Year of Award


Document Type


Degree Type

Doctor of Philosophy (PhD)

Degree Name

Clinical Psychology

Department or School/College

Department of Psychology

Committee Chair

Jennifer Waltz

Commitee Members

Lucien G. Conway, Yoonhee Jang, Kevin B. Dohr, Bradley S. Clough


Buddhism, Not-self, Self


The University of Montana


All individuals have notions about how they would likely approach themselves under times of stress, as well as the ways which would be most helpful to them. The present study investigated four broad ways of approaching the self under stressful circumstances: self-esteem, self-control, self-compassion, and not-self. Not-self, a concept based in Buddhist philosophy, is novel to a Western population, and was the primary focus. In order to comprehensively examine the concept, data were collected from 168 undergraduates on responses to stressful circumstances: by bolstering self-esteem, engaging in self-control behaviors, engendering a sense of self-compassion, or accepting/letting go thoughts, feelings, wants, and ultimately sense of self. The study also assessed the extent to which engaging in these approaches was related to personality, psychological adjustment, and psychological symptomology variables. Results indicated that, in spite of hurdles pertaining to lack of familiarity, aspects of not-self were considered viable for approaching the self when managing difficult circumstances. Additionallyùand unexpectedlyùassociations between psychological variables and not-self were strikingly consistent with fundamental aspects of Buddhist psychological theories of not-self.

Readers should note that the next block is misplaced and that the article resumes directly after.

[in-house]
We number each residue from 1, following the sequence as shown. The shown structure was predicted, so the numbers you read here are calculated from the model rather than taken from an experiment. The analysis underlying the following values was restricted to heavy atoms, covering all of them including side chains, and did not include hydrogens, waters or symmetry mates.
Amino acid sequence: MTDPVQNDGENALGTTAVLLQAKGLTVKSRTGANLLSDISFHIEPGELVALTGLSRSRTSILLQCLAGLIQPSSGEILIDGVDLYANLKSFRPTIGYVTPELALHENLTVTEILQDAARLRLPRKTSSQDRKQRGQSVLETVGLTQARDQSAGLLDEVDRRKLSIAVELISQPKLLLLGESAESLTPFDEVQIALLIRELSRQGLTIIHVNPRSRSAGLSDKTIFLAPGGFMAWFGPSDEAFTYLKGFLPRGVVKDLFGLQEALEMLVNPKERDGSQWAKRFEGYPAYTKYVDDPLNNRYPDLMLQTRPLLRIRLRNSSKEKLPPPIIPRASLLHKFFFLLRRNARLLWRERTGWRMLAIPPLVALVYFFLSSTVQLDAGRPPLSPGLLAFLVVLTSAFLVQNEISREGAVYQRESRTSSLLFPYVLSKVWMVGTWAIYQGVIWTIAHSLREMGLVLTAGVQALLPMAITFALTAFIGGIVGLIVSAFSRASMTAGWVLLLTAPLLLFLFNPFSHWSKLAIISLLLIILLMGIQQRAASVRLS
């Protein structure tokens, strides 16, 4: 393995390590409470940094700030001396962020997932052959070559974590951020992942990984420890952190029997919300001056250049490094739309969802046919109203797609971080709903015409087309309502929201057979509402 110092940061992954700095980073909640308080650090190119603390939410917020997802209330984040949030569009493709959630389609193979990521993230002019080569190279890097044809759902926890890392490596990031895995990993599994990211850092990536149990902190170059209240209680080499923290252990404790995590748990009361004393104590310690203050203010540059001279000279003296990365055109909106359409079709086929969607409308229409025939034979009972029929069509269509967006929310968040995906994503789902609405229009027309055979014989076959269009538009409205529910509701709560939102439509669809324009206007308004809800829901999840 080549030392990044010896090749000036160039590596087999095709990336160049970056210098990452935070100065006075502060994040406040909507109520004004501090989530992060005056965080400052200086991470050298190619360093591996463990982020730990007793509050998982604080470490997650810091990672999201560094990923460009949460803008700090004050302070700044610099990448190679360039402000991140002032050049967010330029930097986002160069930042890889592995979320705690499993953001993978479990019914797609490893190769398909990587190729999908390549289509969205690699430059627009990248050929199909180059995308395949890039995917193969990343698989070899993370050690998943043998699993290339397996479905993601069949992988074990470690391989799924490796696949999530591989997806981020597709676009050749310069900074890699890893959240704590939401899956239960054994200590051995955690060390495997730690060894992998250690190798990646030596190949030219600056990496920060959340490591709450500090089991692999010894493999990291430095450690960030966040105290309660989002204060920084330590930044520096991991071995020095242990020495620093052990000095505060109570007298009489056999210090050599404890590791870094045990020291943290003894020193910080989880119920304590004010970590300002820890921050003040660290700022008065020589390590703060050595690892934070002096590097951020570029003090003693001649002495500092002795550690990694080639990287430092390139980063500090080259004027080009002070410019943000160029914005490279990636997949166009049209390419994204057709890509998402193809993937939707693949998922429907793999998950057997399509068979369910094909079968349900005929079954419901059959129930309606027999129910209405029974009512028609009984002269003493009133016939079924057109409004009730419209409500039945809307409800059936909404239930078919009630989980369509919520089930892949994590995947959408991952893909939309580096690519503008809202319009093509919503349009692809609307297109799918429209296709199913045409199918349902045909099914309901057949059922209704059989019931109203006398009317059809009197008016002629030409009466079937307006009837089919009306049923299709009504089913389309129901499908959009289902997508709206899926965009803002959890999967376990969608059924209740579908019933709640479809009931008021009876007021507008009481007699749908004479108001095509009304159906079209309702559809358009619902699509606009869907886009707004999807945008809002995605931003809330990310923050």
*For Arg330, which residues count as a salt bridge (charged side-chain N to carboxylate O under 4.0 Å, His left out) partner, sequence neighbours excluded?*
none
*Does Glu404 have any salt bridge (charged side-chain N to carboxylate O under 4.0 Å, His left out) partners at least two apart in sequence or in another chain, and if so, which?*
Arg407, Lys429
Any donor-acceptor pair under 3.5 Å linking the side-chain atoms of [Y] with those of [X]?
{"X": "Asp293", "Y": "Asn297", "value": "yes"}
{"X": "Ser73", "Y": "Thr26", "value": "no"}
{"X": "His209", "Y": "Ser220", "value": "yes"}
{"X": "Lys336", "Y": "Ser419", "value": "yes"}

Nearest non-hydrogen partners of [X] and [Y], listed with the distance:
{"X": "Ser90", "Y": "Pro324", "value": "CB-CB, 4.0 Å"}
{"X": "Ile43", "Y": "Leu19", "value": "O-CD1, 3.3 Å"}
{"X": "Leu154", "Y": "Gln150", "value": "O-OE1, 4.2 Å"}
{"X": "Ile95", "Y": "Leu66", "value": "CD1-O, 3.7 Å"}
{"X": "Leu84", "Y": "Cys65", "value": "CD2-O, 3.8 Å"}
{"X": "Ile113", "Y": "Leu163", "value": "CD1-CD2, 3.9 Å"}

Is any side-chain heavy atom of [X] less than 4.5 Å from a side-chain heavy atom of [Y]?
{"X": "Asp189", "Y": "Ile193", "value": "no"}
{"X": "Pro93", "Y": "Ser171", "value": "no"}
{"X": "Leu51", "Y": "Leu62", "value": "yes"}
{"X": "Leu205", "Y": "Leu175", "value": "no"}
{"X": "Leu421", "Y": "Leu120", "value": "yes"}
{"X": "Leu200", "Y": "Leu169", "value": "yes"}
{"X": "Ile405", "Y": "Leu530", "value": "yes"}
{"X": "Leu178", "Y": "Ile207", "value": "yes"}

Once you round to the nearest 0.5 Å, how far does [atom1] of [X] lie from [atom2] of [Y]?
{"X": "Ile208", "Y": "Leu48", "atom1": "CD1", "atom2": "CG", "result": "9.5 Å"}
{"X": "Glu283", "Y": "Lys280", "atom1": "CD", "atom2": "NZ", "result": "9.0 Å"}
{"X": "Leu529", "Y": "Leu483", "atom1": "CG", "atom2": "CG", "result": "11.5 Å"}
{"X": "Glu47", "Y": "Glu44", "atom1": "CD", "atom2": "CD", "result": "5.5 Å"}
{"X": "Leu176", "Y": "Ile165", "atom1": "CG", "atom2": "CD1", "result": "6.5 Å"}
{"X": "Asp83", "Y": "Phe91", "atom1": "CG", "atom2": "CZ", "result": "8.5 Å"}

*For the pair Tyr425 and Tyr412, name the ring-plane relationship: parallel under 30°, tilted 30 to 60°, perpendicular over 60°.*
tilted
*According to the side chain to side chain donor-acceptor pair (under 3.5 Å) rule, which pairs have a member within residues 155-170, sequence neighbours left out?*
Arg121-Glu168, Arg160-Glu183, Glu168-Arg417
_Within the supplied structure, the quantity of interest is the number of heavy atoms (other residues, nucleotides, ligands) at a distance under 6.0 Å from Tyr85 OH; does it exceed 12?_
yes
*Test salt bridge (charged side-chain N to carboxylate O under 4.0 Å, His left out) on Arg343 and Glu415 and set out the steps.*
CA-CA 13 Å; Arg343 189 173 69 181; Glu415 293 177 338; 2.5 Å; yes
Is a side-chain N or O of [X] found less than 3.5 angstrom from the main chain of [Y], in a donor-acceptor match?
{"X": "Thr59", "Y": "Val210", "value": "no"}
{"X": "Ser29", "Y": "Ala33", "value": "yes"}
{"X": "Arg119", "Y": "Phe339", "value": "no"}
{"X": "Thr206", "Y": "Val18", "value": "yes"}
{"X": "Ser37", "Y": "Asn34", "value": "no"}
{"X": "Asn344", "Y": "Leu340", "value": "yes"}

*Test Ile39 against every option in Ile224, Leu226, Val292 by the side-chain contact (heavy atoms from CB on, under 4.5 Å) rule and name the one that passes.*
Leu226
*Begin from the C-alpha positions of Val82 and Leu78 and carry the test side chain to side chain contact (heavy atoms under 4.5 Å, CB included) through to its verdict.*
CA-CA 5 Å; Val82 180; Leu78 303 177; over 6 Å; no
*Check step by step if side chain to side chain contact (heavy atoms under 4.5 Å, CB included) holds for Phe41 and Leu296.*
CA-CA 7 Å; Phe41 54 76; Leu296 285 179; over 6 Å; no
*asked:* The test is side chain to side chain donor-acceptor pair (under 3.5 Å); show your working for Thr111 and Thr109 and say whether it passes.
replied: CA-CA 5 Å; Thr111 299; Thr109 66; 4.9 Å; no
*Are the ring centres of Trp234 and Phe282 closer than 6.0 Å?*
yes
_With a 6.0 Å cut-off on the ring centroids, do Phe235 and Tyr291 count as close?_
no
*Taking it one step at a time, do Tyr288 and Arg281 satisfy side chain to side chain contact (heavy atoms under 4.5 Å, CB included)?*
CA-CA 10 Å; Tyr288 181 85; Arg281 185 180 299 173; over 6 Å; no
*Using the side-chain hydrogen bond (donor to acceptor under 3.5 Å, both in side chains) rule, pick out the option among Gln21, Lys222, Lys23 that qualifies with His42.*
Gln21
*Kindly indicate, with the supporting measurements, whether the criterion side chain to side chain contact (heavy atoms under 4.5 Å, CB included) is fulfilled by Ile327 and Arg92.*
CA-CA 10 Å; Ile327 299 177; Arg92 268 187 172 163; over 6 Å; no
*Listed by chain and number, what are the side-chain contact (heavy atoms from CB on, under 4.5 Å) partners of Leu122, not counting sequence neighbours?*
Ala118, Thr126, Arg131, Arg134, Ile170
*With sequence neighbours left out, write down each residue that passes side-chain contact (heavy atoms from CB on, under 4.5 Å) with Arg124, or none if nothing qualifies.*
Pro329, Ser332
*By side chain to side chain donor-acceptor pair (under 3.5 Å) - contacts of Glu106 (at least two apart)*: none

© Copyright 2015 Christian Herwitz